A Framework for Business Model Prioritization


CrossBoundary has also provided a framework for prioritizing business models, on the basis of their potential for economic impact and the expected feasibility of implementation (see Figure 10).

Economic impact refers to value created by the business model, both in terms of increases in host community income and additional revenue opportunities for the mini-grid developer. Feasibility of implementation considers the existence of partners and the amount of effort and costs required to implement the business model. Generally, it is easiest for developers to implement models that require less involvement from them.

Figure 10: Business Model Prioritization


It is essential to assess the financial impact of any PUE business model under consideration to ensure that the uplift in revenues makes up for additional costs incurred. The following graphic outlines the various cost components and revenue streams that are associated with a typical PUE program.

Figure 11: Key considerations for productive use profitability


Recommendations for deploying Productive Use


Subject to strategic preferences, implementers of PUE initiatives should typically prioritize financing PUE appliances themselves (the PUAF model) in the short term before partnering with financiers and other operators to implement more complex models that involve developing enterprises within host communities.

Learnings from prior programs must also guide future initiatives. Active PUE initiatives should gather data on community needs, requested PUE equipment, ongoing program impact on power consumption and mini-grid profitability, default rates on repayments, electricity bills, and customer income growth. Insights generated from this data should guide decision-making by stakeholders.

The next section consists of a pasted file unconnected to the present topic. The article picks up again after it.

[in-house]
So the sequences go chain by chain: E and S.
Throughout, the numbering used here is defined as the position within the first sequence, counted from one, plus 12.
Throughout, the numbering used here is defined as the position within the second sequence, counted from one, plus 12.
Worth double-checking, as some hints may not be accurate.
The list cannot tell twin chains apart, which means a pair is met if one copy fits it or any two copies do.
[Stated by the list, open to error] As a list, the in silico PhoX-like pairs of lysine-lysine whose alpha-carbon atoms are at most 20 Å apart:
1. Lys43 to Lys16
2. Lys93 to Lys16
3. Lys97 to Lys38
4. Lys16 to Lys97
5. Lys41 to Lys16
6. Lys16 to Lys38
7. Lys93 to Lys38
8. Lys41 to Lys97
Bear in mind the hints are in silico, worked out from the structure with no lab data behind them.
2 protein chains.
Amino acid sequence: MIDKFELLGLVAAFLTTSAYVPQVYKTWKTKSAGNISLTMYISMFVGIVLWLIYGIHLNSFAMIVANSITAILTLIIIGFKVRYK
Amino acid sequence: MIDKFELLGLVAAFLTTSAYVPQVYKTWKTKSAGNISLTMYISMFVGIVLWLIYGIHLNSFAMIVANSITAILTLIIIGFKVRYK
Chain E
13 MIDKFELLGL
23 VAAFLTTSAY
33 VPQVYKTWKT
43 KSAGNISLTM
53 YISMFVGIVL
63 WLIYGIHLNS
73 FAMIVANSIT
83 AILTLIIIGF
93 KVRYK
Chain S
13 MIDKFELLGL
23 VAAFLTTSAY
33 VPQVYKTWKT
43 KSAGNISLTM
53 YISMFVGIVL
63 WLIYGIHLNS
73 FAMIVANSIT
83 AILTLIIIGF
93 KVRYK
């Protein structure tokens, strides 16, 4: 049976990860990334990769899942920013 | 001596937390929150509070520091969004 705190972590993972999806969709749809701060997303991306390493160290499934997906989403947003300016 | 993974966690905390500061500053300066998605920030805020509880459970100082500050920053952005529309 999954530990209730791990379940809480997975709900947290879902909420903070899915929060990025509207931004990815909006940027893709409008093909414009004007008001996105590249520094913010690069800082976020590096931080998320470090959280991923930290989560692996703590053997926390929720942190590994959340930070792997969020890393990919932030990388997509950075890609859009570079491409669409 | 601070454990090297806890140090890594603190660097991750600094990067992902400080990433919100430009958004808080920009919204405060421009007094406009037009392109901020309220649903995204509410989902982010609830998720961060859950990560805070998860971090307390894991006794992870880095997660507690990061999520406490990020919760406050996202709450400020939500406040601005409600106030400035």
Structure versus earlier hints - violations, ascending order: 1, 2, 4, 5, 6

Finally, relationships with partners to provide equipment and financing or offtake produce from host communities are essential to scaling whatever solution is ultimately implemented.


The Impact of Productive Use Deployment


Developers and their partners in the private and public sectors are implementing Productive Use of Electricity initiatives in rural communities across developing countries.

An example is the pilot initiative of the Rural Electrification Agency and Rocky Mountain Institute under the Energizing Agriculture Programme. This pilot, implemented by Husk Power in Kiguna, Nasarawa, Nigeria, adopts the off-taker model in a solar mini-grid-powered cold room partnership with ColdBox Store. ColdBox Store processes and resells up to 3,000 kilograms of fish weekly, providing an additional 20 cents profit per kilogram for local fishers.

In conclusion, the thoughtful deployment of PUE initiatives has the potential to boost revenue for local communities. This improves their ability to pay for off-grid solutions, directly impacting developers’ revenue models. These initiatives can be applied across the entire agricultural value chain, including transportation and processing, generating significant value for the project developers, financiers and other stakeholders.

If you are interested in learning more about how to implement PUE projects and business models, please contact the author at We would love to hear from you and share insights and resources.


NOTE: This article has been edited and condensed for publishing on NextBillion. The full version will be available on CrossBoundary’s website shortly.


Olowo Aminu is an Associate Principal, Bodunde Akinola is an Associate Principal, Nneka Chime is a Partner, and Mosorire Aiyeyemi is a member of the CrossBoundary Nigeria Advisory Team.

Photo courtesy of Maheder Haileselassie / IWMI.